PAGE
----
We have previously held that a trial court must hear all testimony offered by both the prosecution and the defendant bearing on the voluntariness of the confession when it hears a motion filed under K.S.A. 22-3215. When a defendant has not been allowed to testify or call witnesses at such a hearing we have found reversible error. See State v. Milow, supra, and Barnes v. State, 204 Kan. 344, 357, 461 P.2d 782. In such circumstances we have remanded the cases for a collateral hearing in the trial court to determine the voluntariness of the confession. If at the conclusion of such a hearing on remand the trial court considers the confession was voluntary, a new trial is unnecessary and the conviction stands affirmed. If the confession is found by the court to be involuntary, a new trial is ordered and the confession is then excluded from evidence. ( State v. Milow, supra, p. 590.) We should not be understood as retreating from our position in the above cases; however, there are two matters apparent in the present case which compel us to the decision that if there was error on the part of the trial court the error was harmless beyond a reasonable doubt. The first is, that the evidence which defendant states should have been permitted is not relevant on the issue of voluntariness as indicated by the court in ruling on the motion for new trial.
The second is, that if sent back for a consideration of the evidence the trial judge would hold the confession to be voluntary even after hearing the testimony of the defendant and Detective Cobb. Their testimony was taken at the trial and is available in the record. The defendant did not contend the confession was involuntary. See State v. Watkins, 219 Kan. 81, 547 P.2d 810. He testified that he signed the written waiver of Miranda rights prior to the interview but that he did not confess and that Detective Hall lied. Detective Cobb did not testify that the confession was involuntary. He merely stated that he was present only a short time and defendant confessed to nothing while he was present. We were informed on oral argument that Agent Malson, the only other possible witness, had moved out of the country and could not be called to testify. Since Agent Malson was a law enforcement officer working for the KBI it is extremely doubtful that his testimony would be helpful to the defendant, even if he might be found.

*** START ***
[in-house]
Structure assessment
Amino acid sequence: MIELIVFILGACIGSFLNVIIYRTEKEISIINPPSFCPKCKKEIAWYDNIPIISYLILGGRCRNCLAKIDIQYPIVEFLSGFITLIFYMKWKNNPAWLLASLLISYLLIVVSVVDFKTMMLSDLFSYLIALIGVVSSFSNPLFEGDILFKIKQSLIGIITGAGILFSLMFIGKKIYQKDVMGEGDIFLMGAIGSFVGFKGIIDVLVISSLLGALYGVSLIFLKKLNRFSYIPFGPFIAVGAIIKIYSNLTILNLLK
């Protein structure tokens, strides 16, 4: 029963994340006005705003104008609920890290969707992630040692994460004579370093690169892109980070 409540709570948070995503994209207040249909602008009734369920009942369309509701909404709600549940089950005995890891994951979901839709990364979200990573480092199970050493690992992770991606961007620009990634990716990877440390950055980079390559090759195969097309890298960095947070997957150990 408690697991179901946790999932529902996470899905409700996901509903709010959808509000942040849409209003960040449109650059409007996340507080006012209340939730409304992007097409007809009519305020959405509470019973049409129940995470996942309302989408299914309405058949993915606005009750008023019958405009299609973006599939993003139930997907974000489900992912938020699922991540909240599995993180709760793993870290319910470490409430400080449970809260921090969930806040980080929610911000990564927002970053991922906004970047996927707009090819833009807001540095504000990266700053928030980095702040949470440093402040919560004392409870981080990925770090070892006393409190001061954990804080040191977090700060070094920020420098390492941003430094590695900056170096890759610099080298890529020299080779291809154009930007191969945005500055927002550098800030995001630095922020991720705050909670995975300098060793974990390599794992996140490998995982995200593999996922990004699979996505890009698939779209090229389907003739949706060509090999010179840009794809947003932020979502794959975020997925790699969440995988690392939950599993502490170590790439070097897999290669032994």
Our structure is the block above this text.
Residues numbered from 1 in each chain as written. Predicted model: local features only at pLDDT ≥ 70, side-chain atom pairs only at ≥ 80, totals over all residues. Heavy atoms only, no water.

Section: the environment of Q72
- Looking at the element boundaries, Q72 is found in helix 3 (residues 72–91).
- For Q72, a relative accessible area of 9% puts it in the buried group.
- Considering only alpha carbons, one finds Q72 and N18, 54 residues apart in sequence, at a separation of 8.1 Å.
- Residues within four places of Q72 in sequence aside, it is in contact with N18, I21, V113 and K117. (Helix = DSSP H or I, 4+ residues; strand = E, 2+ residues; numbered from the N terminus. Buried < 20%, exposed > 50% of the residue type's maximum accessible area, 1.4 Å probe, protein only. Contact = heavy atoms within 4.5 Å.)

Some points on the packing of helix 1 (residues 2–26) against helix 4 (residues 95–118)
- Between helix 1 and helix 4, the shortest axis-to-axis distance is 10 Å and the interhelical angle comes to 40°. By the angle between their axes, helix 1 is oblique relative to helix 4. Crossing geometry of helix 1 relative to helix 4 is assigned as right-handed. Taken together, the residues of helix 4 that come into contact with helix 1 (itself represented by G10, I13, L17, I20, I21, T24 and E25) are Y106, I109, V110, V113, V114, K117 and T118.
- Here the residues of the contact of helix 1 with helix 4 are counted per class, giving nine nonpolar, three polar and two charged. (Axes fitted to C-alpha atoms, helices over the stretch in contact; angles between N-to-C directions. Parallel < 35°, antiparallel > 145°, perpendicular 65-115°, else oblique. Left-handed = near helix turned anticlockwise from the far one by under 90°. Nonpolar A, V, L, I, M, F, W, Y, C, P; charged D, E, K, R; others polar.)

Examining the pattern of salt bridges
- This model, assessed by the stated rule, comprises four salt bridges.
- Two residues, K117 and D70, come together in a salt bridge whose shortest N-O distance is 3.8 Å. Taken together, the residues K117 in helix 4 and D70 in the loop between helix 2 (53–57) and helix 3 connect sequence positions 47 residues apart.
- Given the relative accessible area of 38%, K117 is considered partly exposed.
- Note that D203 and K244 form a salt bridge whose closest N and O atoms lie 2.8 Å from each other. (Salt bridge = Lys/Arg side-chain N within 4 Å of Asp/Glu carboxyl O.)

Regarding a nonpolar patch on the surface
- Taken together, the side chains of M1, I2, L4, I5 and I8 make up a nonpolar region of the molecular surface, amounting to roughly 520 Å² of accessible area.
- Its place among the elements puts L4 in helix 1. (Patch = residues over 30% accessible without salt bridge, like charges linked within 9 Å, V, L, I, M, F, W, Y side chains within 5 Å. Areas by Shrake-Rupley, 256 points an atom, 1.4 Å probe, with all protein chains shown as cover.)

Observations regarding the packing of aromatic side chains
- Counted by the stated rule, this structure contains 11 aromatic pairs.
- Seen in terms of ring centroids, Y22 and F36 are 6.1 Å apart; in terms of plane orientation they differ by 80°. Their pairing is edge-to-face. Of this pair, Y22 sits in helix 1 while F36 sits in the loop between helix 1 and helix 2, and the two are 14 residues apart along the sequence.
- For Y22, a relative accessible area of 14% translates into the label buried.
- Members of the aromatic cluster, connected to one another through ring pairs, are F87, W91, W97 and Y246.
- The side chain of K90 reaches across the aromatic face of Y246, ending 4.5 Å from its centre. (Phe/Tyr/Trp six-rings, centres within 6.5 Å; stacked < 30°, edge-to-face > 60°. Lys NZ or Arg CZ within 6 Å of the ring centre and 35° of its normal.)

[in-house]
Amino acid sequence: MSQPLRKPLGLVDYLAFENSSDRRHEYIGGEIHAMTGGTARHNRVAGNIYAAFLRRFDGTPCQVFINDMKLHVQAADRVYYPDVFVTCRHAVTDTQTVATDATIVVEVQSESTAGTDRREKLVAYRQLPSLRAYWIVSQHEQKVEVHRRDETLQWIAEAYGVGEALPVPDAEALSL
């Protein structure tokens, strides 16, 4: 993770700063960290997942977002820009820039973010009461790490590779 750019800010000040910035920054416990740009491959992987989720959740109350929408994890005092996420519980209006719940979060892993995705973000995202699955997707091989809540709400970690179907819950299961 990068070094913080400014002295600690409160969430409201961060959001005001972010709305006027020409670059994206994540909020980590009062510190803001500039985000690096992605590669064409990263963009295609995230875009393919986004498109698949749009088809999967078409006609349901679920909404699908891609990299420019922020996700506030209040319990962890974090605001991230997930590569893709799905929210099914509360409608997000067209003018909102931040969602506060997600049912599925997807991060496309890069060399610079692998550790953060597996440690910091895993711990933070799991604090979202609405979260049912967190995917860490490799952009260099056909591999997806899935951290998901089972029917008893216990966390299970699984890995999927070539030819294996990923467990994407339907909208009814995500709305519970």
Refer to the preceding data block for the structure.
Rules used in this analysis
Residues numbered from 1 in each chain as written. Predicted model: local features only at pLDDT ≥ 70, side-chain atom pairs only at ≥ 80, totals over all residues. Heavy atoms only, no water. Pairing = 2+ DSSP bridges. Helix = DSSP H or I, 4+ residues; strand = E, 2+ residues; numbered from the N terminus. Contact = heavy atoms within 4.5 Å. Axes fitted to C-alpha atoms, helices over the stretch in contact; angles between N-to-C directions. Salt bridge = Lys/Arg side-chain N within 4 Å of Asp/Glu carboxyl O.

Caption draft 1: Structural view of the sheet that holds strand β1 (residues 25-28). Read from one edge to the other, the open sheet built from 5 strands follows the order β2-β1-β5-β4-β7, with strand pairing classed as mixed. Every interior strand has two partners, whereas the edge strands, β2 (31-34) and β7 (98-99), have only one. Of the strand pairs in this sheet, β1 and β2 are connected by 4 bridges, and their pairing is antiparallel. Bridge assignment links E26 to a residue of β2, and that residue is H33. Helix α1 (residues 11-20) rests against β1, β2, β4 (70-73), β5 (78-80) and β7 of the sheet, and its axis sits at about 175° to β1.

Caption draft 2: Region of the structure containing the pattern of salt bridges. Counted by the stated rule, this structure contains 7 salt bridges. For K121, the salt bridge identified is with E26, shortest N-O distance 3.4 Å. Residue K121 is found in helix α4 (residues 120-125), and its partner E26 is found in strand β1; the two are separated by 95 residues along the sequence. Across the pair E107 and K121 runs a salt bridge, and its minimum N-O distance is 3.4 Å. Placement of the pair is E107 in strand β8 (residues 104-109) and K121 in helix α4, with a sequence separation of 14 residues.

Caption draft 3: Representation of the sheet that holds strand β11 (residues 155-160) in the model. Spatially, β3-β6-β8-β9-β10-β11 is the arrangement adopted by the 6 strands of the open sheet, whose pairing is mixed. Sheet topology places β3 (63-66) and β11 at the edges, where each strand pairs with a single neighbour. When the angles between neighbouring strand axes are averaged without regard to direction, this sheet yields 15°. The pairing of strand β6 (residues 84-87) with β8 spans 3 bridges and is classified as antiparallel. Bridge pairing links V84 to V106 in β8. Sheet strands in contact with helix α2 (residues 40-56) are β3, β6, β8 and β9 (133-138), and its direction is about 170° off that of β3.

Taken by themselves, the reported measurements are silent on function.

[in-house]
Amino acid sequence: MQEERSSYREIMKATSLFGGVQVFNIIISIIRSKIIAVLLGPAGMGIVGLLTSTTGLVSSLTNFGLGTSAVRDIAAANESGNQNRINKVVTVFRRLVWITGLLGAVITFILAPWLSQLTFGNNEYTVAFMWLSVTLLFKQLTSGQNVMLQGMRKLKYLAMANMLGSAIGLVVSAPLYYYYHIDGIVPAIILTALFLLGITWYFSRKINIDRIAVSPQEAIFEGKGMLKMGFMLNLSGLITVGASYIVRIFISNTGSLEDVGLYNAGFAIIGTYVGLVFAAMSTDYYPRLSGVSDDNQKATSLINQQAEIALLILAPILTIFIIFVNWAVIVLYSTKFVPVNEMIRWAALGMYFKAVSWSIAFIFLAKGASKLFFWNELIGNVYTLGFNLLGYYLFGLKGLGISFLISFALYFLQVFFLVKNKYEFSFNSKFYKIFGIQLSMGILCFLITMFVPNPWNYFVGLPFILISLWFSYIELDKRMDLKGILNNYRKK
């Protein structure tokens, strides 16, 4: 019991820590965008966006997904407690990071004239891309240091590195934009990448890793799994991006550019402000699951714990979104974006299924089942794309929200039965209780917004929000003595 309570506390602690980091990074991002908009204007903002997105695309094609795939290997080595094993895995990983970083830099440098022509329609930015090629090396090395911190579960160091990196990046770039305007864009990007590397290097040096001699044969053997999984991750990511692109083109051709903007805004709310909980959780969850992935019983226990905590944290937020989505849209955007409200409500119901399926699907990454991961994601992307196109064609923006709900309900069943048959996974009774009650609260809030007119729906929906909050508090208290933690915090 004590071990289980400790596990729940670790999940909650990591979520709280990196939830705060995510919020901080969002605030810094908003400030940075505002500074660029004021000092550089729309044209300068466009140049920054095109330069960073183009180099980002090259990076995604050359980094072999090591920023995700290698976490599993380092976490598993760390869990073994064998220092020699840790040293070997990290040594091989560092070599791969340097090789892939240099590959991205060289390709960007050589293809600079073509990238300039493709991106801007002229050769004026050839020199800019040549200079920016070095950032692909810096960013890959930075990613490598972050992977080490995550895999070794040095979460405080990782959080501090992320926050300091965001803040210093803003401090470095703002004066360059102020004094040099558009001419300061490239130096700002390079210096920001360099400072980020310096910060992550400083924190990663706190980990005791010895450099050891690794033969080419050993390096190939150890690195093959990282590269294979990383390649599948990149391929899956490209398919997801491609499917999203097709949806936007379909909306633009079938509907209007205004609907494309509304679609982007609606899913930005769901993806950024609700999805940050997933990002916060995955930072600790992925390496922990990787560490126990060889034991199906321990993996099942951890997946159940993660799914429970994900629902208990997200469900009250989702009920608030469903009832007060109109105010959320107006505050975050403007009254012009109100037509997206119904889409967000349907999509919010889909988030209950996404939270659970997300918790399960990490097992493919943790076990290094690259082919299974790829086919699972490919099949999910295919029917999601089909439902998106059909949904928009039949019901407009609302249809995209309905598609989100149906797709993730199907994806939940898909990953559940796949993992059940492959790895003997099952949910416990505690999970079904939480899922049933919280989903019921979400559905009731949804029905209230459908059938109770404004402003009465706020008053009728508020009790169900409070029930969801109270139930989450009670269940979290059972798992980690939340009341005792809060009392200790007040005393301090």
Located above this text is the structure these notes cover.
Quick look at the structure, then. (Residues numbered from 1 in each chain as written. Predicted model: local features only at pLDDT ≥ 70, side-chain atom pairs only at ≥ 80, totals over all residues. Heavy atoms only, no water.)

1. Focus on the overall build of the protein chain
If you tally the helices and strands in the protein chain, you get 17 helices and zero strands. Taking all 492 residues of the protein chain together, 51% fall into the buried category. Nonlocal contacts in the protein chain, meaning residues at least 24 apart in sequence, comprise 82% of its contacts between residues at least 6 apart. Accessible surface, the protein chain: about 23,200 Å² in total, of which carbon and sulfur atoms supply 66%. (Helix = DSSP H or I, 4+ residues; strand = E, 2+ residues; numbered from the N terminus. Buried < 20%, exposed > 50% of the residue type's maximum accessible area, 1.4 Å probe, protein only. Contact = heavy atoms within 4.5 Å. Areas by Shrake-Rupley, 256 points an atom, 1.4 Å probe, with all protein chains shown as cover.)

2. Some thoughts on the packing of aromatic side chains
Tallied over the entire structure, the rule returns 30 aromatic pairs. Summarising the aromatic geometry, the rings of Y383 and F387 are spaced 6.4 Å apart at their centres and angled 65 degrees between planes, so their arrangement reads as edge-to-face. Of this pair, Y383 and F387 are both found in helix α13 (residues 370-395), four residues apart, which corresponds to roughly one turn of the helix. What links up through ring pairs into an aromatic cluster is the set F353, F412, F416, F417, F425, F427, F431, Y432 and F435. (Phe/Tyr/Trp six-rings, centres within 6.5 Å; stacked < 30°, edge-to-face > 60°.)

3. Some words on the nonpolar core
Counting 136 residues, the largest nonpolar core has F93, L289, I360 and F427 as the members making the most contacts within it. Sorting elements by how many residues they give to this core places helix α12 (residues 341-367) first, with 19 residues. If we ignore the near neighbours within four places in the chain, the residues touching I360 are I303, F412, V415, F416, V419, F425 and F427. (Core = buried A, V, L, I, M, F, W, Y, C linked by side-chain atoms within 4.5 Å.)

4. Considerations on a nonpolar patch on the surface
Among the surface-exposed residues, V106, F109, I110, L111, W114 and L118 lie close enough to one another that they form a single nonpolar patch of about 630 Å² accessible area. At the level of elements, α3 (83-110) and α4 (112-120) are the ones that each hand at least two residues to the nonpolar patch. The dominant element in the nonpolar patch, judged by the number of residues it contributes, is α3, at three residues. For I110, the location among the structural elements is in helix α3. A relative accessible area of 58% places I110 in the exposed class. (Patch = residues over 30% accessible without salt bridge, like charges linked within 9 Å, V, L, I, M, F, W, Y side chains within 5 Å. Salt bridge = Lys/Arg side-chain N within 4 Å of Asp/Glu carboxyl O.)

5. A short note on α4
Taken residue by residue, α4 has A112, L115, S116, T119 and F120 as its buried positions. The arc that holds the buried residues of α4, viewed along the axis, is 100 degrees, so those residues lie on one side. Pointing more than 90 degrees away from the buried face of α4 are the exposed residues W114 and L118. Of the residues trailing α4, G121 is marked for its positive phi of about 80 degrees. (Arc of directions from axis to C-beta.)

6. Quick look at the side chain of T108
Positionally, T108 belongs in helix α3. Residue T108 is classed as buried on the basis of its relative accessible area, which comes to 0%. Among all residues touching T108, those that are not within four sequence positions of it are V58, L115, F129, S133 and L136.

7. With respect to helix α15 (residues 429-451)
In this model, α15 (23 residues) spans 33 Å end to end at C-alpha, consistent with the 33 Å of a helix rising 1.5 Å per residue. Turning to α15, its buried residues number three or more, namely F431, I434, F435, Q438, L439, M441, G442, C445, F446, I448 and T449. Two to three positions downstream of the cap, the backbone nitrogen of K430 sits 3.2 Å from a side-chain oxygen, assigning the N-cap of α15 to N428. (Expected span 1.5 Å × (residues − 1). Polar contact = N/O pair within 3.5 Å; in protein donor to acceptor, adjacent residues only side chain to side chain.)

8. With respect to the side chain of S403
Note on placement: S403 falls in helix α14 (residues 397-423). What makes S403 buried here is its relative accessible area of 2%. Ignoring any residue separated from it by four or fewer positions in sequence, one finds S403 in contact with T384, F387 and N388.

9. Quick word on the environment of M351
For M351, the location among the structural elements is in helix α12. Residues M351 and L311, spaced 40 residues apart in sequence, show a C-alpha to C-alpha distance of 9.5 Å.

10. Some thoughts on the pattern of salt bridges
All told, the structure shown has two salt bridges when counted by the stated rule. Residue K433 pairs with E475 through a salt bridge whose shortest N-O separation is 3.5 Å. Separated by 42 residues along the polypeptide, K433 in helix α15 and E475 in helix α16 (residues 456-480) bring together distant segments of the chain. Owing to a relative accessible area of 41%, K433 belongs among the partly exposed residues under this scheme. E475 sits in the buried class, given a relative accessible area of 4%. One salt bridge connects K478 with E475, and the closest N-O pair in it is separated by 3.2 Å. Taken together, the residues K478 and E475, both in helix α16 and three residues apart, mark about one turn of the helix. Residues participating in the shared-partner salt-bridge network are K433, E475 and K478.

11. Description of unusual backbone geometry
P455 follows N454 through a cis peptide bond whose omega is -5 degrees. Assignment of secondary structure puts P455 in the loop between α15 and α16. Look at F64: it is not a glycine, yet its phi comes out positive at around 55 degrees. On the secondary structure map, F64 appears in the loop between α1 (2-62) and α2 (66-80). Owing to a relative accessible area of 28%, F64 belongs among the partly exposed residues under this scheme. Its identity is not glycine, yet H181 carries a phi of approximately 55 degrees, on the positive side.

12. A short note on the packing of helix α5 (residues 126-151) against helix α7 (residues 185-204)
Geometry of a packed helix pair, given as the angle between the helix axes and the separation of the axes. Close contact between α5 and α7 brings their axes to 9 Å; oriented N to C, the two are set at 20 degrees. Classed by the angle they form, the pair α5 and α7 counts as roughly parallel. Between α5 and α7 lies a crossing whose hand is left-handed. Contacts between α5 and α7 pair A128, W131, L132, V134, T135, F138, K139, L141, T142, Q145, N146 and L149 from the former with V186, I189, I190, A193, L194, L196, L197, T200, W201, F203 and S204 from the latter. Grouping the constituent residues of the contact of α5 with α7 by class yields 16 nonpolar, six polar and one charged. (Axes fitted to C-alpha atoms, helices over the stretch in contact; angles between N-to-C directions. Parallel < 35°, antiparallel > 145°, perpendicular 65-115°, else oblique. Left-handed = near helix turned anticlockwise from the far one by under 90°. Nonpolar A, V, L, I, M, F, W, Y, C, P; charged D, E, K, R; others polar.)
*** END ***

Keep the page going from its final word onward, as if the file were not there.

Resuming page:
The determination of the relevance of evidence bearing on voluntariness and its admissibility for that purpose rests within the sound discretion of the trial court in the first instance. This court will not reverse the trial judge on a discretionary matter except for an abuse of discretion which affirmatively appears to have affected the substantial rights of the party complaining. See K.S.A. 60-2105 and State v. Winston, 214 Kan. 525, 530, 520 P.2d 1204; see also 29 Am.Jur.2d, Evidence, § 585, p. 642. We find no abuse of discretion which affirmatively appears to have affected the substantial rights of the defendant at the hearing.
The final point raised by appellant concerns a ruling on admissibility of evidence. On cross-examination defense counsel questioned Detective Hall on whether the crime could have been committed elsewhere and the body disposed of along Frisby Road. The state objected on the ground the question asked "for a conclusion, or asking the witness to conjecture." The objection was sustained. The witness had just testified that he did not view the body at the scene and was not familiar enough with the case to interview the defendant without the help of other detectives. When the testimony sought requires proper foundation and knowledge to express an opinion and it is not shown the witness has such knowledge, the opinion testimony is so conjectural as to lack probative value and may be properly excluded by a trial court. ( State v. Zimmer, 198 Kan. 479, 502, 426 P.2d 267, cert. den. 389 U.S. 933, 19 L.Ed.2d 286, 88 S.Ct. 298.)
K.S.A. 60-419 provides:
"As a prerequisite for the testimony of a witness on a relevant or material matter, there must be evidence that he or she has personal knowledge thereof, or experience, training or education if such be required. . . ."
The question asked of Detective Hall in this case called for opinion testimony. The trial court is vested with discretion in receiving expert or other opinion testimony. See K.S.A. 60-456 ( a) and cases listed in case annotations following this statute.